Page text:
In this third column, we continue the story of Heinrich Kohl, a colonial farmer and veteran of the Revolutionary War. The family farm was located on Indian Trail Road, one mile northwest of Kreidersville.

After the war, he returned home to his family to continue to farm with his wife and seven children. Their neighbors called the area where they farmed Kohl-a-daal. If you drive up there today, you will find Kohl Road named in honor of Mr. Kohl.

Heinrich died March 2, 1827, and Christina died Sept. 24, 1832. Both are buried in the Zion Stone Church cemetery outside of Kreidersville.

In later years, the Kohl family name slowly changed to Cole. Many Coles were members of the historic house of worship.

The church started in the small village of Howersville, relocating to its present site in 1771. The Kirche membership served German and Lutheran denominations. Most worshippers were local farmers and their families.

The cemetery is the final resting place for many Revolutionary War veterans. Each Memorial Day, a program is held at the church and cemetery to honor all veterans.

Kohl’s children followed their father and became farmers. Their fifth child, Adam Sr., was a farmer. His son, Adam Jr., would purchase a farm in Allen Township in 1900 that remains in the family today. The farm is on Stagecoach Road just north of Kreidersville.

A very interesting road, a regular schedule of stage coaches passed and stopped at the farm on their daily run. The coach with four sturdy horses started the trip in Easton, following King’s Highway, a rough dirt, gravel road with many ruts.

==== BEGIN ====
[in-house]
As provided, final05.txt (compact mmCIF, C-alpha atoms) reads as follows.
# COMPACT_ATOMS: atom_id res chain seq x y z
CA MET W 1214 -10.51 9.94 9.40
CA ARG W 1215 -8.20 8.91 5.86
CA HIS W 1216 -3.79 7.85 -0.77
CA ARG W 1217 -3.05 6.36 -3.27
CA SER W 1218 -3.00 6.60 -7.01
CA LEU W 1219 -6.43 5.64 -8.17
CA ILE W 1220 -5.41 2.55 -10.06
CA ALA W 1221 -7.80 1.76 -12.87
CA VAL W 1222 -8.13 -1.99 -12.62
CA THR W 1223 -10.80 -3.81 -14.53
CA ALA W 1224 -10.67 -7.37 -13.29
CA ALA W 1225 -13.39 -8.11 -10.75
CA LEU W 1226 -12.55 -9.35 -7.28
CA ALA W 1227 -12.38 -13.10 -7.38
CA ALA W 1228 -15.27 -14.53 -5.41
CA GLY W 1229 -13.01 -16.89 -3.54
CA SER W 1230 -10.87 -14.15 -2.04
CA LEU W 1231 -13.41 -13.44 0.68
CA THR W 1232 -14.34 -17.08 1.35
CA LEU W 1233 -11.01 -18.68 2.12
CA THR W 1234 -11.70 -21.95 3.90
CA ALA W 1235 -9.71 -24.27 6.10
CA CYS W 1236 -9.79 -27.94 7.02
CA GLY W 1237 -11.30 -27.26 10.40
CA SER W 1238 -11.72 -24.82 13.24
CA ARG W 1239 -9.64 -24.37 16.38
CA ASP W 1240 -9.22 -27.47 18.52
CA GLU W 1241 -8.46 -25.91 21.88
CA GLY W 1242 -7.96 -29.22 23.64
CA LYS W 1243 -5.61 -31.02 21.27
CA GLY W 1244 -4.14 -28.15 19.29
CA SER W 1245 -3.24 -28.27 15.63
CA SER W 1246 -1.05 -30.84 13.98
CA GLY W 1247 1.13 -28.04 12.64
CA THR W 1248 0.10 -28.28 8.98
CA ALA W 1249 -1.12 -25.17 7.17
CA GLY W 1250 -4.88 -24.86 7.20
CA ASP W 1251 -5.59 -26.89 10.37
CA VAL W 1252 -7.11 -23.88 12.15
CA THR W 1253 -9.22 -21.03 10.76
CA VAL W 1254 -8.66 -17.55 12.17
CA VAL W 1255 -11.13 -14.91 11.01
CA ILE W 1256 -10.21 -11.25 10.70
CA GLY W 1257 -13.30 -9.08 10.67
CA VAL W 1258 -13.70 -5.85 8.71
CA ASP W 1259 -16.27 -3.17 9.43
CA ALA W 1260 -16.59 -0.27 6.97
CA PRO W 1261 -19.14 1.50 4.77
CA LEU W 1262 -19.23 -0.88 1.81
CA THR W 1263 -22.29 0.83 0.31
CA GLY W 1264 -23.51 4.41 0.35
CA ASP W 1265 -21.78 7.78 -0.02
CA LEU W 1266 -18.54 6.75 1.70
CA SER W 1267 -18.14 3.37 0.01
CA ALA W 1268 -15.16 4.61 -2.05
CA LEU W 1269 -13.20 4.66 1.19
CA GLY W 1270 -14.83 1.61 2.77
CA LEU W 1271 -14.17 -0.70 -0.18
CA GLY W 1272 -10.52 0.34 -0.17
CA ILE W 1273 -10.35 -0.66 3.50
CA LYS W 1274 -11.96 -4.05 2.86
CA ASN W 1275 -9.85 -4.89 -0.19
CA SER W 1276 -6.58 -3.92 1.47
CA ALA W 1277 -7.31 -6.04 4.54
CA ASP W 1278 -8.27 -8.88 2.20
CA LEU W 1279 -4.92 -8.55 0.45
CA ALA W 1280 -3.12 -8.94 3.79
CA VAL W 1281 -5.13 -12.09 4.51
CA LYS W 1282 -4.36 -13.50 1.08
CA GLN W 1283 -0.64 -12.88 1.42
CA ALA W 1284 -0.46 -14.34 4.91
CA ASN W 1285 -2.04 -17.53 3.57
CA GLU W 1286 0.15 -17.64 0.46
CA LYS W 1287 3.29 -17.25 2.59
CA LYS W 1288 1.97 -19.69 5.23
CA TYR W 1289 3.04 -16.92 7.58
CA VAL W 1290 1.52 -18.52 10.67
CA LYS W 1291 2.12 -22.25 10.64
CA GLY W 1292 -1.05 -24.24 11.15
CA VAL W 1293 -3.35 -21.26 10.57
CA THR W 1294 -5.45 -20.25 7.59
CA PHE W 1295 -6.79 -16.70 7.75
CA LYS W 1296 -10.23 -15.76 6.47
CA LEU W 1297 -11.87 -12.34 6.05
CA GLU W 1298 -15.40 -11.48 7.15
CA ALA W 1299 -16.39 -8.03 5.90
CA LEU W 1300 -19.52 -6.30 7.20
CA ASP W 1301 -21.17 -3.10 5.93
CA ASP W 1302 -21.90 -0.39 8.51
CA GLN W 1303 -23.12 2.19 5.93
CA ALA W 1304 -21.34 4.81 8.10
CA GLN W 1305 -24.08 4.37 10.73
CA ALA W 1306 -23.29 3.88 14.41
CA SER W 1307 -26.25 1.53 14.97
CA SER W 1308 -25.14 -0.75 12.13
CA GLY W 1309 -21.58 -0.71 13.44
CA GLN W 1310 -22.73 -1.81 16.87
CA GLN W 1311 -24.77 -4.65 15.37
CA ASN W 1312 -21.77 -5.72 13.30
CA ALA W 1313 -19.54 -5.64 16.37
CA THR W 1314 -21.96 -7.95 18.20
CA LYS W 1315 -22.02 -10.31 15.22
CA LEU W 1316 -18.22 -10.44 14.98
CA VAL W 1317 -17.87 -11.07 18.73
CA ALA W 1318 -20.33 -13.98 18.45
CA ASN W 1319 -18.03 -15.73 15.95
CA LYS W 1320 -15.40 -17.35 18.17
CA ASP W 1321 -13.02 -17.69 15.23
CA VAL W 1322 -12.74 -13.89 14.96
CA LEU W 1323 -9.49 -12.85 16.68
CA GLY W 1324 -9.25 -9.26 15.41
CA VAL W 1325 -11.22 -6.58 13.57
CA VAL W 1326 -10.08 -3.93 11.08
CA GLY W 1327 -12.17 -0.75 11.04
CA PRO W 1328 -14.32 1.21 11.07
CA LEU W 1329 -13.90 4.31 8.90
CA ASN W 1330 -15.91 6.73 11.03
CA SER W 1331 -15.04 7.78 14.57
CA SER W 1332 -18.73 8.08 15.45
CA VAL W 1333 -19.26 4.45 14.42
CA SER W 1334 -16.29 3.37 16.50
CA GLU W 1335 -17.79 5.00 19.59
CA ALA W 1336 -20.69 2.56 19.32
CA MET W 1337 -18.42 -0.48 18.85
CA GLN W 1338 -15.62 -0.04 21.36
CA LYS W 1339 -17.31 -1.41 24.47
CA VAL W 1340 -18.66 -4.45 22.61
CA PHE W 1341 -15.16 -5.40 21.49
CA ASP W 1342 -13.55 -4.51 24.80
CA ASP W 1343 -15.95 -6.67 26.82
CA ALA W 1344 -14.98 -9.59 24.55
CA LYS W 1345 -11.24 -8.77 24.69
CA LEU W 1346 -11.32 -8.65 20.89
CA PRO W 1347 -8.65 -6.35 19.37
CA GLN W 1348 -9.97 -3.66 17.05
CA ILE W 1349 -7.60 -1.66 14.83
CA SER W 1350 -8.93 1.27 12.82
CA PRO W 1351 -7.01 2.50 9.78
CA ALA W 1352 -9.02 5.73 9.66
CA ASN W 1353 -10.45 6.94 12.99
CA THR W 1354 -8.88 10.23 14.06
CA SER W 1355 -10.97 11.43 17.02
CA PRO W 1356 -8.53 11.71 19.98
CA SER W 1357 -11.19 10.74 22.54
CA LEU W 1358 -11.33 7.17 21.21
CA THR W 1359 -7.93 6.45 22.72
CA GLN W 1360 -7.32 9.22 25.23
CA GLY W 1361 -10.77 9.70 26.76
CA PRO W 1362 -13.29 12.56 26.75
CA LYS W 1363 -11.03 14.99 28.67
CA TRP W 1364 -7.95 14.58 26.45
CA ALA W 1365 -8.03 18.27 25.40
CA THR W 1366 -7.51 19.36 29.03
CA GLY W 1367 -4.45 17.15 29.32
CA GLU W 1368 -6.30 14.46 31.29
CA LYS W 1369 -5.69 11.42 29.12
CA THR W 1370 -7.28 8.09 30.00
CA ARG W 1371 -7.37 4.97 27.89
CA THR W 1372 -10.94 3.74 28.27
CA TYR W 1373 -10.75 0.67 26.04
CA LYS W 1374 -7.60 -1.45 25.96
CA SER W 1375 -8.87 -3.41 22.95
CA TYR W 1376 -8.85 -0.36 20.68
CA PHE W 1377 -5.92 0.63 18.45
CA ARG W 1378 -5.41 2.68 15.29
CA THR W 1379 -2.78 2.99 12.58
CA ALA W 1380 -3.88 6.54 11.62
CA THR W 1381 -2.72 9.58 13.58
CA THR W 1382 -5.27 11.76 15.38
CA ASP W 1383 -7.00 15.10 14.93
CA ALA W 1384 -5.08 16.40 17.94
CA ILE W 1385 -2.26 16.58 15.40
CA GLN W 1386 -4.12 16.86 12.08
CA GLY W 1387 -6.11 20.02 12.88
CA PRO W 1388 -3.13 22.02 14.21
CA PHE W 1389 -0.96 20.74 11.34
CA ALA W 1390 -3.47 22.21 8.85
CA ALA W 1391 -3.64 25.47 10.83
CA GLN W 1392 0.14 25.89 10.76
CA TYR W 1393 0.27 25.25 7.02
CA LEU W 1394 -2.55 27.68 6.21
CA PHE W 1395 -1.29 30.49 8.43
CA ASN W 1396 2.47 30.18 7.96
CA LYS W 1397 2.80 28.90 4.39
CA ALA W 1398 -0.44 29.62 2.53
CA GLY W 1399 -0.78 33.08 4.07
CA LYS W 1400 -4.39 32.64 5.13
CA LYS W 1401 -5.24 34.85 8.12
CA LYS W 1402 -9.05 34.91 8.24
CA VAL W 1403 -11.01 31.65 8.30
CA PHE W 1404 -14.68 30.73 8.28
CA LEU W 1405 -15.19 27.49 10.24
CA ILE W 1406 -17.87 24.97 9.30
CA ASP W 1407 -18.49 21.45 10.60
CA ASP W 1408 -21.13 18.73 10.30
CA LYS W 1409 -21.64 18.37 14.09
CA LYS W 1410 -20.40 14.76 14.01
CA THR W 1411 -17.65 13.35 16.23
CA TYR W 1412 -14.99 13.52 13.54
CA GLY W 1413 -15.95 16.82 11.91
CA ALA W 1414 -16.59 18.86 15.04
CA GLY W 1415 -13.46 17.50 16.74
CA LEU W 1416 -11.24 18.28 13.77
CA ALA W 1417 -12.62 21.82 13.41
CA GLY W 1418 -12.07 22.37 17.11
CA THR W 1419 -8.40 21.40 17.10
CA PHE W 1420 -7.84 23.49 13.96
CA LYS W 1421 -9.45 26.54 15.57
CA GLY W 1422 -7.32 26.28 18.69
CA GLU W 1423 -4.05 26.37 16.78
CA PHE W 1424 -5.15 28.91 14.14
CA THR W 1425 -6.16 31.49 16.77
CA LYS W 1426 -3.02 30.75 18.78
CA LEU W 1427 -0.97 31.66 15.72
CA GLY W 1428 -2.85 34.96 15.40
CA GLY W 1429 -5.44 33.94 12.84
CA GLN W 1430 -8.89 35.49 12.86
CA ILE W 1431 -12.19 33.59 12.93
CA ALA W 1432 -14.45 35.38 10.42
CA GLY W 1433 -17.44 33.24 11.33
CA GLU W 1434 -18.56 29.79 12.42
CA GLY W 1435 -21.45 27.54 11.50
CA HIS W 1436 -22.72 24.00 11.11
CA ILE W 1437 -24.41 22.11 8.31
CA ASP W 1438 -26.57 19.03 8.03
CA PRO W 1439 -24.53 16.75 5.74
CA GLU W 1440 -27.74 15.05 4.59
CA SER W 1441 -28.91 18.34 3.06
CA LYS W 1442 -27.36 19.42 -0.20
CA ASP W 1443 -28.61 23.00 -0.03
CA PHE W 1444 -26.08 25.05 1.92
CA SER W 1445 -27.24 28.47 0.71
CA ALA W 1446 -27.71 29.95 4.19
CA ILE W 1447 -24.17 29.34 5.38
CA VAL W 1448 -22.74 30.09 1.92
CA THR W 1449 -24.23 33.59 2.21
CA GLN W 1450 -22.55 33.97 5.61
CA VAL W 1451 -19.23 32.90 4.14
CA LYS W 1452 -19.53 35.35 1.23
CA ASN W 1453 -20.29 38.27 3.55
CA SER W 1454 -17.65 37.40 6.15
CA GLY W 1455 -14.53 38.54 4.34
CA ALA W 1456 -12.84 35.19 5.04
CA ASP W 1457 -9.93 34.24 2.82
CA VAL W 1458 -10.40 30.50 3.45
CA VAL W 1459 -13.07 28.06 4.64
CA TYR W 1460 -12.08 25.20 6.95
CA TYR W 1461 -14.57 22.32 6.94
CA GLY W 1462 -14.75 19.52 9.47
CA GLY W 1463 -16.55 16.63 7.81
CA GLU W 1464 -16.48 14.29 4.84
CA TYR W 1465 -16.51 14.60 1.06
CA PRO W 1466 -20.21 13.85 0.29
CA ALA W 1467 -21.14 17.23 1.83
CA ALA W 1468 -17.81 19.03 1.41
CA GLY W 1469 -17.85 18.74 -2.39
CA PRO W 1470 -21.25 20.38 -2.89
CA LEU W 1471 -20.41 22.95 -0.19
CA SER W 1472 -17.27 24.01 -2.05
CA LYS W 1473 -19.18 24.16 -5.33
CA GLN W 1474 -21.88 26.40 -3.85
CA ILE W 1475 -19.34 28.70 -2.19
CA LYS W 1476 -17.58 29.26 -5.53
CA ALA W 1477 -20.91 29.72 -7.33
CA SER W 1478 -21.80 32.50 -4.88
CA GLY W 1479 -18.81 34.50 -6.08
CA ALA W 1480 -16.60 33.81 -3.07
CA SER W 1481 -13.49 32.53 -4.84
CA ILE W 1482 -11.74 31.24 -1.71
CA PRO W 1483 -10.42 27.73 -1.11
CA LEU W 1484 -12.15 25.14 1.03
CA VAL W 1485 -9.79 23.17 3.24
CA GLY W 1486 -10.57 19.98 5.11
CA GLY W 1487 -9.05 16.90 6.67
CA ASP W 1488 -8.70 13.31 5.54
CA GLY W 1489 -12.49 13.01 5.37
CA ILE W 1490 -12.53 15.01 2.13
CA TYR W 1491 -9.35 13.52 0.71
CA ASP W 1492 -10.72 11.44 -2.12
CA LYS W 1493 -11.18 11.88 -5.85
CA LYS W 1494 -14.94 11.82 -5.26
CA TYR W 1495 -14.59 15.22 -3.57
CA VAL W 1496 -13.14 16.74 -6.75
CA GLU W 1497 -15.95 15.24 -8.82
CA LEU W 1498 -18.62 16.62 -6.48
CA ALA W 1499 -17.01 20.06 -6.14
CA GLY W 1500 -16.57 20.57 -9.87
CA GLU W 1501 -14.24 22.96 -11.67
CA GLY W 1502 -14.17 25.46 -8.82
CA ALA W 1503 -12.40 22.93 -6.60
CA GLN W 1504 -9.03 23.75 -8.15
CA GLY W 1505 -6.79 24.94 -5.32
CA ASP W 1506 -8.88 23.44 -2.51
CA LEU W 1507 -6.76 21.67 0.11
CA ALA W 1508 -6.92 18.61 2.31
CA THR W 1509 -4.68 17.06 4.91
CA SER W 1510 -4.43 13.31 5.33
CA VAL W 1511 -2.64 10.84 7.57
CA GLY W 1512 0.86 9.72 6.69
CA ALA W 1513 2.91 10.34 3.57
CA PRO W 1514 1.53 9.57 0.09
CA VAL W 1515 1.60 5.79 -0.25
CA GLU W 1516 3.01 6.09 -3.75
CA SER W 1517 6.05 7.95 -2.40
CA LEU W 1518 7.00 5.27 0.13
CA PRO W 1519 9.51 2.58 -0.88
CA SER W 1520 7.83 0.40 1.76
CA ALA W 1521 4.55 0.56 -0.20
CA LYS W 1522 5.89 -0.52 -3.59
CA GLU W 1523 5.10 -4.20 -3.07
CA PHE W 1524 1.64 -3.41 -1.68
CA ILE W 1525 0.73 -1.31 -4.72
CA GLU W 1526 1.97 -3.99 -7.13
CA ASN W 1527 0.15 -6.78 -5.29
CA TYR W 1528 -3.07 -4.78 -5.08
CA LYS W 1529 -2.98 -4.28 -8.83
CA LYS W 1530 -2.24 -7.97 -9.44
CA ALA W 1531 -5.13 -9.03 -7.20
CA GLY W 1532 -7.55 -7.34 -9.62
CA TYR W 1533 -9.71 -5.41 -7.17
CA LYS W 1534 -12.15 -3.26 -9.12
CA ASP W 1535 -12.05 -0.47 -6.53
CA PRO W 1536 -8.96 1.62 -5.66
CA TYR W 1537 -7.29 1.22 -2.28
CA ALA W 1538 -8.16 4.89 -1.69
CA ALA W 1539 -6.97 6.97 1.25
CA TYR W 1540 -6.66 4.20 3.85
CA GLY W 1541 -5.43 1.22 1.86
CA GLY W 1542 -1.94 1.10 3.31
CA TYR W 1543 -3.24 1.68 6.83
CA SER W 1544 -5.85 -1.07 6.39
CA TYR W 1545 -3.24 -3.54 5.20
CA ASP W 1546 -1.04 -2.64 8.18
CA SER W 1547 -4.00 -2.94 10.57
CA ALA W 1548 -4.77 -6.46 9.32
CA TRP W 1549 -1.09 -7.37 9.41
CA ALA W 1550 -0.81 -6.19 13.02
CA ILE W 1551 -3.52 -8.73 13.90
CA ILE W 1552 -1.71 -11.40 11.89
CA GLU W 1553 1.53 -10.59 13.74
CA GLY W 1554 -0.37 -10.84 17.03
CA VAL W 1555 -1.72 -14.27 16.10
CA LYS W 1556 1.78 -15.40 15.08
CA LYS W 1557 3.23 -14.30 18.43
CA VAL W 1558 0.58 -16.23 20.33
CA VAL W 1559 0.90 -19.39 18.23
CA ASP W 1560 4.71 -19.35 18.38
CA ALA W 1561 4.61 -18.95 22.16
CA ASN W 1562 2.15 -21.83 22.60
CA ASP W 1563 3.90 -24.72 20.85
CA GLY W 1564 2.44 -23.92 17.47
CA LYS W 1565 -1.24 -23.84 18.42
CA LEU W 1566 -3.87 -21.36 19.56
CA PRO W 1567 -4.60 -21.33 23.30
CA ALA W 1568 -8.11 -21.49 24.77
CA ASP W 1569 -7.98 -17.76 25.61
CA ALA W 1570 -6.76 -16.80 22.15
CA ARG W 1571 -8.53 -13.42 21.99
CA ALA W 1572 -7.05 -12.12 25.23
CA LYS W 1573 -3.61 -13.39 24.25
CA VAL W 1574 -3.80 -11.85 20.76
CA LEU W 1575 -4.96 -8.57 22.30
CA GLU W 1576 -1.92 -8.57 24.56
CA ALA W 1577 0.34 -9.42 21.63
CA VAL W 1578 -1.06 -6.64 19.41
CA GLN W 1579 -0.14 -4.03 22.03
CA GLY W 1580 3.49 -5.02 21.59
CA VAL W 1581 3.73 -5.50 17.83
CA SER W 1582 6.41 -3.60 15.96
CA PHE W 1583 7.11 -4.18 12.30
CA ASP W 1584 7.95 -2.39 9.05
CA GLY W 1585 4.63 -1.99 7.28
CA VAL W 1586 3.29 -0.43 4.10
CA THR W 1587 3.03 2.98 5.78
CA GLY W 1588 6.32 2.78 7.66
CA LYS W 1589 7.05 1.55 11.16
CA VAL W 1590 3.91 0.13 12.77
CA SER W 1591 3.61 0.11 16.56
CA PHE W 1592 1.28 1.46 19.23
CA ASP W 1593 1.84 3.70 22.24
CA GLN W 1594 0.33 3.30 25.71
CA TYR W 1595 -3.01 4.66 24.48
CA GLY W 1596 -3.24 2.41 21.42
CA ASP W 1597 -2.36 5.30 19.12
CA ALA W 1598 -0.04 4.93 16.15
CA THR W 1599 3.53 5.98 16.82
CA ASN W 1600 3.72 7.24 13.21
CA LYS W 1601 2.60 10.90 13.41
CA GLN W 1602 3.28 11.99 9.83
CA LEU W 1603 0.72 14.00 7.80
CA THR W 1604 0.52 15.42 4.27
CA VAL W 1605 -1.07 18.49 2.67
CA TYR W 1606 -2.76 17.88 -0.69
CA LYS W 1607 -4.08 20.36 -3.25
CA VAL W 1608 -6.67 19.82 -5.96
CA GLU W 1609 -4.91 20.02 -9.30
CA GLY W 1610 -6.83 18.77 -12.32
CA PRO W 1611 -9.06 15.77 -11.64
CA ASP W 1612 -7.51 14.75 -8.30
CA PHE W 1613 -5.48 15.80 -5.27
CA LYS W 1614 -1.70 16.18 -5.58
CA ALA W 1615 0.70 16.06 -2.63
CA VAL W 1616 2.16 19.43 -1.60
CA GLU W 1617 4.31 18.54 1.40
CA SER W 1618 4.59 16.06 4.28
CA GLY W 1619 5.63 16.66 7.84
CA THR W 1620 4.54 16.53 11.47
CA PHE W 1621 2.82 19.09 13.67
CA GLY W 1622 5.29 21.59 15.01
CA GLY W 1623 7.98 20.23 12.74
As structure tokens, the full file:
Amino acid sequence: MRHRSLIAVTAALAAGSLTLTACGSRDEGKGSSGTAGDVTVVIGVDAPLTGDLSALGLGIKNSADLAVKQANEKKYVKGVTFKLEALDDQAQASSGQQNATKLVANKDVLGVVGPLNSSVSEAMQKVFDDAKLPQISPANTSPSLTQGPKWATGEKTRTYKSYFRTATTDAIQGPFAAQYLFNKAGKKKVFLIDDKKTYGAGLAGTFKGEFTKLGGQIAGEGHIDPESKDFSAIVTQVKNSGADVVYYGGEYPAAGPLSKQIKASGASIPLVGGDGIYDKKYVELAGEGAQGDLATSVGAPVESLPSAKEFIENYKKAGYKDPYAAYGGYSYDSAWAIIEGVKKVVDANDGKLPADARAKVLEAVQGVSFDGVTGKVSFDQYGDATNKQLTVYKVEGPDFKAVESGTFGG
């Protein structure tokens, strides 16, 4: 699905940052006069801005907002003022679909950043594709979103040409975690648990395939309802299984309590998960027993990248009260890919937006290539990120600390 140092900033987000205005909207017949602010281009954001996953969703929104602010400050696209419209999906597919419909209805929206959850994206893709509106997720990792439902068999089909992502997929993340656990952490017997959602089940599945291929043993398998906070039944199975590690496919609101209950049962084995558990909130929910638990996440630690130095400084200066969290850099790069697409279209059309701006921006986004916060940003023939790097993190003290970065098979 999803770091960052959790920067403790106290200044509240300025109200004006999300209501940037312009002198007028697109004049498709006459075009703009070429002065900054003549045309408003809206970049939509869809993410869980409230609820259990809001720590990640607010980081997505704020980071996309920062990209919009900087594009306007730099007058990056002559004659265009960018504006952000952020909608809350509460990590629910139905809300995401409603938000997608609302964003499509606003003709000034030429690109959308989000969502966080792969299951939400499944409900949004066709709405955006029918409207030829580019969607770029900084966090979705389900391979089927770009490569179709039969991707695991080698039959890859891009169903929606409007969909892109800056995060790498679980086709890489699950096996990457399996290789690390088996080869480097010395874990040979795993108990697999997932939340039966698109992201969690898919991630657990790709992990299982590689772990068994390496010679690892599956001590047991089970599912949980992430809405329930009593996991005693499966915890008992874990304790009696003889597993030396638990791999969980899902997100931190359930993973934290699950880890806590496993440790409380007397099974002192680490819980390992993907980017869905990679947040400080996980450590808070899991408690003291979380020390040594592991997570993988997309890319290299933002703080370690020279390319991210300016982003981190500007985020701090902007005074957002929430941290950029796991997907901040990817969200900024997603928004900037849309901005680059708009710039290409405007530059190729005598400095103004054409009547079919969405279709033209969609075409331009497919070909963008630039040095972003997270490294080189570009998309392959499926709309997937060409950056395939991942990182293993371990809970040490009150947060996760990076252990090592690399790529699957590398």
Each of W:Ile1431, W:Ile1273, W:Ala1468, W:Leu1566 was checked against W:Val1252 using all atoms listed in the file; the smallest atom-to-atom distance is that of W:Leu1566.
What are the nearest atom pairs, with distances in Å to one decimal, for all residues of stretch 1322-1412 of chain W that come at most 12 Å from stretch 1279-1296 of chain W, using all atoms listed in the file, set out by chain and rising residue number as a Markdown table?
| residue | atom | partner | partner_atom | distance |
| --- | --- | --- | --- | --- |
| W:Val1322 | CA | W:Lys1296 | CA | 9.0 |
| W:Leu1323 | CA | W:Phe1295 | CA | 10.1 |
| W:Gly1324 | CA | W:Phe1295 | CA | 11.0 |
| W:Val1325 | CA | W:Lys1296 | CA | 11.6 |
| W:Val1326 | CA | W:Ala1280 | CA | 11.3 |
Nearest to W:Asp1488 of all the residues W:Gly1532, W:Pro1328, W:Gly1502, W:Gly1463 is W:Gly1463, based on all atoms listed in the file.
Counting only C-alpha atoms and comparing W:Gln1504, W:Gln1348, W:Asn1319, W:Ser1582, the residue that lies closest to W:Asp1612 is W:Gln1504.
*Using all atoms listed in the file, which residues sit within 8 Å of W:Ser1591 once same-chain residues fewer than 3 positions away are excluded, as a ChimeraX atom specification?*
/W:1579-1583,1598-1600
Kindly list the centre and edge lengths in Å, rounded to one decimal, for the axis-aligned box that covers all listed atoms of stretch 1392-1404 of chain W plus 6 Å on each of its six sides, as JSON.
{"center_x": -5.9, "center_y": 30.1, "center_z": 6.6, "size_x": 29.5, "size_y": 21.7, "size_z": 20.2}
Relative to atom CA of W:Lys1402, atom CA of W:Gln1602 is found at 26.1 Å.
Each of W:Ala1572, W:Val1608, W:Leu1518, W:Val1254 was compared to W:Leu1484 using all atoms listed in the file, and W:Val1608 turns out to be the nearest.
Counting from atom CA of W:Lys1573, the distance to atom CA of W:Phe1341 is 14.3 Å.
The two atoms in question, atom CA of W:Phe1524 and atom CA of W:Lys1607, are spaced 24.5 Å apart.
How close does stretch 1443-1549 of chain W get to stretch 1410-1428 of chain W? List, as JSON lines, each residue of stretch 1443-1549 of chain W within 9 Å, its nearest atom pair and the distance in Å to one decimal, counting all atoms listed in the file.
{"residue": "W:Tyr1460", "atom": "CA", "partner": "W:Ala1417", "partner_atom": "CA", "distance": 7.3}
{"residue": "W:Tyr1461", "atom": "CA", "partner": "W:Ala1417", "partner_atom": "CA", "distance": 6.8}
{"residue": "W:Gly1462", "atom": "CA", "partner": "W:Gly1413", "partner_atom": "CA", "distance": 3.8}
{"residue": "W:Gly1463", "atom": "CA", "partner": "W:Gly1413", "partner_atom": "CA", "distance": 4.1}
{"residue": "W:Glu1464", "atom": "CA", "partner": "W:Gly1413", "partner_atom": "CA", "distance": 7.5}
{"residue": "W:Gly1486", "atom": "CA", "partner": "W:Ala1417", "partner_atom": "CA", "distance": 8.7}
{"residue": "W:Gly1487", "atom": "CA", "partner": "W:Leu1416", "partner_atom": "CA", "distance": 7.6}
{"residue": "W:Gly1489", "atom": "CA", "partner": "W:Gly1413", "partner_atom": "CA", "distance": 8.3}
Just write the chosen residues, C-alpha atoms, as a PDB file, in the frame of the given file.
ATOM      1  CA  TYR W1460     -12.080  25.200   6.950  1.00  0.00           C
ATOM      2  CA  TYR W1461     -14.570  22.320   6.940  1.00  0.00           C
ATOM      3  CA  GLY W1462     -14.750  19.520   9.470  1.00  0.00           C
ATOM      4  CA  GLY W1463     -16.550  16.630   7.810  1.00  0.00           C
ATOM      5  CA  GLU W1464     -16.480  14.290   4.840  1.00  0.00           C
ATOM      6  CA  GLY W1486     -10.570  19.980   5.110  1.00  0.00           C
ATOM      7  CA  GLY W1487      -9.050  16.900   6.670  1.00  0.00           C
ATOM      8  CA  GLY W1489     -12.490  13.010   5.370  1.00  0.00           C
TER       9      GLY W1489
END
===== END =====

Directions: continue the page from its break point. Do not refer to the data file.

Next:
The coach would stop at the farm. Adam’s son Alfred, as a youngster, recalled how the coach would stop so the horses could get a drink of water at the farm. The company paid $1 a month for the water.

The riders would get out and relax, say a few words to the family and continue their journey. The Cole children looked forward to the coach’s arrival.

For our readers, Stagecoach Road met Cherryville Road near the seminary. An old tree line still stands along the old road. Stagecoach Road is now closed, a dead end. The stage coach passed into history more than 100 years ago, another memory of our past.

Ella, Alfred Cole’s daughter, would marry Tilghman Vogel of Danielsville in Elkton, Md., in 1919, right after World War I. Tilghman served in the U.S. Navy in World War I on a minesweeper and submarine.

He would purchase the farm from his father-in-law and work on the farm and also at the Phoenix Forge in Catasauqua. Phoenix continues to operate today.

Its present owner was Bryden Horse Shoe Works. The Front Street company was one of the largest horseshoe plants in the world, producing between 40 and 50 tons daily. They supplied horseshoes to the British cavalry during the Boer War in South Africa.

Mr. Vogel was employed there when they manufactured many commercial forgings and flanges. Twenty-one hammers operated around the clock during World War II.


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